A new tool for therapists: duct tape

- Most of us have a roll of duct tape around the house.  The flexible, strong rubber-coated tape is a mainstay for all those DIY repair jobs we have to do.  But, duct tape, has another job, at one metro-Atlanta rehabilitation hospital.  It’s helping patients dealing with paralysis.

At HealthSouth Rehabilitation Hospital of Newnan, occupational therapist Gary Baker is tied to his patient Glenda Pope.

The retired teacher and mother of 5 is 63, trying to push through what will, hopefully, be temporary full-body paralysis from Guillain-Barre Syndrome, or GBS. Baker is using an unlikely tool for to Pope and his other patients: good, old-fashioned duct tape.

“You pull strip of tape and they go, 'Where do you plan on sticking that?’" says Baker.

The answer is just about everywhere.

"We will tape our body to the patient's body using duct tape,” says Baker.

This sticky, flexible silver stuff? That sells for $3.69 a roll?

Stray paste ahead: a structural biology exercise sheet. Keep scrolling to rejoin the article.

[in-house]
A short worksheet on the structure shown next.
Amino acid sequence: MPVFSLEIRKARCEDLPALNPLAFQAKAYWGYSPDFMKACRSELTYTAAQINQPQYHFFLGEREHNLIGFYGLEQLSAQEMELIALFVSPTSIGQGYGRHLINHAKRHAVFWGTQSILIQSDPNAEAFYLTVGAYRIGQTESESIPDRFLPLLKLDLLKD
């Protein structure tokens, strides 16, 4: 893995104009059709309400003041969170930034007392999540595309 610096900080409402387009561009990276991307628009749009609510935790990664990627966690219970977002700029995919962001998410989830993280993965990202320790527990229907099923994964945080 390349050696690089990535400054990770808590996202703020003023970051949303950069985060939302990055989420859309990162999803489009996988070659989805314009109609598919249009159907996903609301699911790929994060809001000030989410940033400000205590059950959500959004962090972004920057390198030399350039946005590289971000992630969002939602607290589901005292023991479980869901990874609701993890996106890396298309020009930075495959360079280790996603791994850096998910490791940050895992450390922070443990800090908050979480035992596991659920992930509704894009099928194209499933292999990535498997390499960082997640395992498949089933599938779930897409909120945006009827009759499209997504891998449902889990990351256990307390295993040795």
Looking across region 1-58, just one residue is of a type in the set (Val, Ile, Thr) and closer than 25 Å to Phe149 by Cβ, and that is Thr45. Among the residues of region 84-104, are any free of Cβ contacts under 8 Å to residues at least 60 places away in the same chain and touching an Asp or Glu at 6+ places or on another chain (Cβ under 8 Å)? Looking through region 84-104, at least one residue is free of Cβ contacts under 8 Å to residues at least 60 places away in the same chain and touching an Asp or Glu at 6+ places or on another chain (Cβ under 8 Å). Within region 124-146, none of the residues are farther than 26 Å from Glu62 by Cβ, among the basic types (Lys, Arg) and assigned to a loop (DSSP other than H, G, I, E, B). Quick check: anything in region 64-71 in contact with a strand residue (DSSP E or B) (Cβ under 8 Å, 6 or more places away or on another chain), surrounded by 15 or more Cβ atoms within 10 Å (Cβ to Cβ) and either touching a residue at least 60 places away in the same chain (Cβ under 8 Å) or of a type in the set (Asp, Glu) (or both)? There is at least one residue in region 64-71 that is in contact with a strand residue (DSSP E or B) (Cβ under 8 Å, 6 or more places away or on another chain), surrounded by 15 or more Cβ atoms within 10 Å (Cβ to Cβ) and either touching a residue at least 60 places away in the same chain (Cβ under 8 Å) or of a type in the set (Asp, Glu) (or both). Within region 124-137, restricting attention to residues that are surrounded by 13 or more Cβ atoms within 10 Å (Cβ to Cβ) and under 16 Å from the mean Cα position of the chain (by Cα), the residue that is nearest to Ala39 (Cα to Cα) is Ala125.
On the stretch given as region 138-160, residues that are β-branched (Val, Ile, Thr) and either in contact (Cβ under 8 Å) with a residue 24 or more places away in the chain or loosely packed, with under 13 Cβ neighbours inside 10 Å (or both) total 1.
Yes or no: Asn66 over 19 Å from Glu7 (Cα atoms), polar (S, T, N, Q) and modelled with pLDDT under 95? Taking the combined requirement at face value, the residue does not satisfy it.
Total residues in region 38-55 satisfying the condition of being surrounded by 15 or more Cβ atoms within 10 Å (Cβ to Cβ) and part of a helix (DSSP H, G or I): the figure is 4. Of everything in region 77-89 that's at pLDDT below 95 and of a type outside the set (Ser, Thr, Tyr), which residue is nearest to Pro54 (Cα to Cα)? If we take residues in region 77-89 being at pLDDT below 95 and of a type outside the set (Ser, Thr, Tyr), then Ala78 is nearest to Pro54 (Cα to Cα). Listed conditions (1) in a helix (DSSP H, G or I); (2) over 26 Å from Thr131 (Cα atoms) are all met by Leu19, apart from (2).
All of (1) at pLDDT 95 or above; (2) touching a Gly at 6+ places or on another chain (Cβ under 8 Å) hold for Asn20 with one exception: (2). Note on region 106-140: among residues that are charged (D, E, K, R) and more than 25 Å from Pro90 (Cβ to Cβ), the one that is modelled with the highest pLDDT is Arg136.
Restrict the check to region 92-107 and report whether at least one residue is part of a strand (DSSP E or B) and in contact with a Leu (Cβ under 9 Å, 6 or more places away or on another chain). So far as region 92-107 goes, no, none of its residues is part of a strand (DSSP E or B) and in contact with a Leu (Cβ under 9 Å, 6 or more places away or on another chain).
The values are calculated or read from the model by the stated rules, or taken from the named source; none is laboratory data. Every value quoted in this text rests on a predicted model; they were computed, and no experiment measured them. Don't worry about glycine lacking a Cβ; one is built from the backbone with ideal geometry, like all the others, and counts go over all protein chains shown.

Glenda Pope says she smiled when Baker pulled it out.

"I said, 'Okay, not high tech. But you've surprised me before,” she remembers.

Because of her paralysis, Pope doesn’t have good control of her core muscles that stabilize her back.  So, she can’t sit up straight.

So, tied together by a duct-taped sheet,  Baker uses his body as resistance, pulling and stretching Pope's upper body muscles back into alignment.

"I loved it, I loved it. Because I was just a-wobbling all over the place," Pope says.

And they're just getting started.  He tapes her right hand to a paddle made with more tape.

Then he wraps a frame in tape, twisting it, so it's sticky-side up, giving the paddle traction.

To strengthen her shoulders, he’s created what he calls an “active assist bow.”  It looks like a hand-shaped paddle connected to bow.

“It's basically two fiberglass flag poles, with the flags removed, and this is just splinting material, it's all wrapped in duct tape,” says Baker.

Pope pushes upward, using her shoulder muscles, and the bow resists.  It’s hard work.  By the end of her session, she’s exhausted.

Glenda Pope knows she's got a long way to go.   But she's getting there, with determination and duct tape.

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